In rare cases, courts may award punitive damages in wrongful death lawsuits. These damages are awarded at the court’s discretion for behavior that’s considered extremely reckless. For example, if the defendant was drunk driving and speeding, leading to them blacking out and causing a head-on collision, a judge may award punitive damages to the deceased’s family. Punitive damages aren’t compensatory; they aim to punish the defendant for their grossly negligent or intentional conduct.

Surviving family members should understand their rights and whether they qualify to file a wrongful death or survival action claim after the tragic death of a loved one. This ensures they recover maximum damages following a wrongful death incident. In closing, they should also keep in mind Louisiana’s short statute of limitations when bringing wrongful death or survival action claims.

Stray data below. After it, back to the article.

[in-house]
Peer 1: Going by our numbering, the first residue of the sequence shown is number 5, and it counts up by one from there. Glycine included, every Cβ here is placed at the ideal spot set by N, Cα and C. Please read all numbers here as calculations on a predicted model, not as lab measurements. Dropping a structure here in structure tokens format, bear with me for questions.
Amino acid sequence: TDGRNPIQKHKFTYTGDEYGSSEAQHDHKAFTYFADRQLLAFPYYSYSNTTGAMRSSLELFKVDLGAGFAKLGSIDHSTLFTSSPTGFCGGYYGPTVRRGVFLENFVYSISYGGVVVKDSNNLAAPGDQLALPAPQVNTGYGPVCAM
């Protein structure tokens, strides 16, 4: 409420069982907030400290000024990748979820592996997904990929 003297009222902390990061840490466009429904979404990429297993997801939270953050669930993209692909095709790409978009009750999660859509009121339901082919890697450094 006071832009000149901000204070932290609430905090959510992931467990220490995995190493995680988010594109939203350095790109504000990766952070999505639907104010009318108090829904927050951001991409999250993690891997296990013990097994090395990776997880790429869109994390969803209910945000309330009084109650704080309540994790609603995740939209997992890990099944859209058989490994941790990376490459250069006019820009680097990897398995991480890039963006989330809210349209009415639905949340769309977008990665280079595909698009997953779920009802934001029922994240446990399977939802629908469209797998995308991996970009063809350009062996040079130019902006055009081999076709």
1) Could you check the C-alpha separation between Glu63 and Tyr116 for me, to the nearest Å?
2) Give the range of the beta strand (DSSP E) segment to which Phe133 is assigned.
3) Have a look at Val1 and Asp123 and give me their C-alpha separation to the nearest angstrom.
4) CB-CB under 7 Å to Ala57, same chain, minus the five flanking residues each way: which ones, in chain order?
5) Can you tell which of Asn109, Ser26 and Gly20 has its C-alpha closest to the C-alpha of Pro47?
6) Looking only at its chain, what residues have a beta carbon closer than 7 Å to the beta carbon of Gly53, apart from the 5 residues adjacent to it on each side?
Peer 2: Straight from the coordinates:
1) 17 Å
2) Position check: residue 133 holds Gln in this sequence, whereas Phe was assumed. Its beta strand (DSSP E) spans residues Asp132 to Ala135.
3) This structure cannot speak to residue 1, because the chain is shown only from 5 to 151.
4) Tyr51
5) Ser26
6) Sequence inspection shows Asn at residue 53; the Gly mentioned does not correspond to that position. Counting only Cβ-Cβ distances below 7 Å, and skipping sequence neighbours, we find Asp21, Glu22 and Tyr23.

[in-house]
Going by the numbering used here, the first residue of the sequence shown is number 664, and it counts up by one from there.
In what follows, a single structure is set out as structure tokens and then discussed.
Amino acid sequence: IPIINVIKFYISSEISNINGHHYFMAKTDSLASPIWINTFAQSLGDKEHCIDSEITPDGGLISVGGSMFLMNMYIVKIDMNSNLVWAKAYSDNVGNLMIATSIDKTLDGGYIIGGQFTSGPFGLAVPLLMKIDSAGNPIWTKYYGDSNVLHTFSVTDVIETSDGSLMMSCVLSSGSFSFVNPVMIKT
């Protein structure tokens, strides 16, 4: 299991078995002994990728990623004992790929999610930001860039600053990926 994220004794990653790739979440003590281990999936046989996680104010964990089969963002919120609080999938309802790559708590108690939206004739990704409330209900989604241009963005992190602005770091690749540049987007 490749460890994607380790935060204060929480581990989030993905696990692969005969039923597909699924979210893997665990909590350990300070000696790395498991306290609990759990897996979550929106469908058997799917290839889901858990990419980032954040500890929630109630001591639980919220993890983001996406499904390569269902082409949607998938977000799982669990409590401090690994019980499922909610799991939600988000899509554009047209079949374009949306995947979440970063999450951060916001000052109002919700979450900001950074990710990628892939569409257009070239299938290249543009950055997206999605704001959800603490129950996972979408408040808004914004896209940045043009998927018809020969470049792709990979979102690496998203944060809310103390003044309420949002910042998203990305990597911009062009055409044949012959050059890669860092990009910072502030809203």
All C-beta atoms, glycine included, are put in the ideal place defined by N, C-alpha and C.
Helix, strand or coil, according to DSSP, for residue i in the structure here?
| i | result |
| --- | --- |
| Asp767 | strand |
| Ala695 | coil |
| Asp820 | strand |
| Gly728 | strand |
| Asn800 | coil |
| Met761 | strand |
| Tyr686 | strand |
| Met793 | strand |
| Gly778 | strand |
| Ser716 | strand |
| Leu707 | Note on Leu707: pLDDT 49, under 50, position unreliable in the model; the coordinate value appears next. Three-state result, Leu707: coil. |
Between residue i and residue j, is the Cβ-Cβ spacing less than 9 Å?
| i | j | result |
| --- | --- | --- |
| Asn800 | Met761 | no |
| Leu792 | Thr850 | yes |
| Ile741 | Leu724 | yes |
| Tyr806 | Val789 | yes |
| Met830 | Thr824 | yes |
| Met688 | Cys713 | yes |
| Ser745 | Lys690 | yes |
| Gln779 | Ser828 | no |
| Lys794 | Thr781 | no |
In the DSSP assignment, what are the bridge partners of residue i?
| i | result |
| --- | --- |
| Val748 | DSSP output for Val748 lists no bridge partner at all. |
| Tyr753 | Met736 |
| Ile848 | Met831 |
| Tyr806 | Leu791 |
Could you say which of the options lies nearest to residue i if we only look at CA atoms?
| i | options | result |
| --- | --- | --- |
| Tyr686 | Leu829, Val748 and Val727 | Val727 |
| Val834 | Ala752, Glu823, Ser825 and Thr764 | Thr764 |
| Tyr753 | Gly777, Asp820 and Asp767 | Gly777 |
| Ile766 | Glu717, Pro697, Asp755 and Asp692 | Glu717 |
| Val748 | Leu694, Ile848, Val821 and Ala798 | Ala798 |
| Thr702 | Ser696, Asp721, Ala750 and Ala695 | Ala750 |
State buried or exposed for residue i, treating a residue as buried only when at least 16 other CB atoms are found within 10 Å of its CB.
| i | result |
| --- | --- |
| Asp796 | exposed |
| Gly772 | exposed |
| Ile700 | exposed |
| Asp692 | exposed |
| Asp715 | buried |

1. Wrongful Death Action. Louisiana State Legislature. Accessed on July 20, 2023.
  2. Edna Tajonera, et al. Versus Black Elk Energy Offshore Operations, L.L.C., et al. U.S. Government Publishing Office. Accessed on July 20, 2023.
  3. Survival Action. Louisiana State Legislature. Accessed on July 20, 2023.

Morris & Dewett provides this information to the public for general education and interest. The firm does not represent clients in every topic discussed in legal & injury news. The information is curated and produced based on trends in law, governance, and society to present relevant issues to the general public. Every effort is made to provide accurate information. Do not make any decision solely based on the information provided, please seek relevant counsel for each topic area. Consult an attorney before making any legal decision, consult a doctor before making any medical decision, and consult a financial advisor before making any fiscal decision. If you have any legal needs that we can assist you with, please do not hesitate to contact us.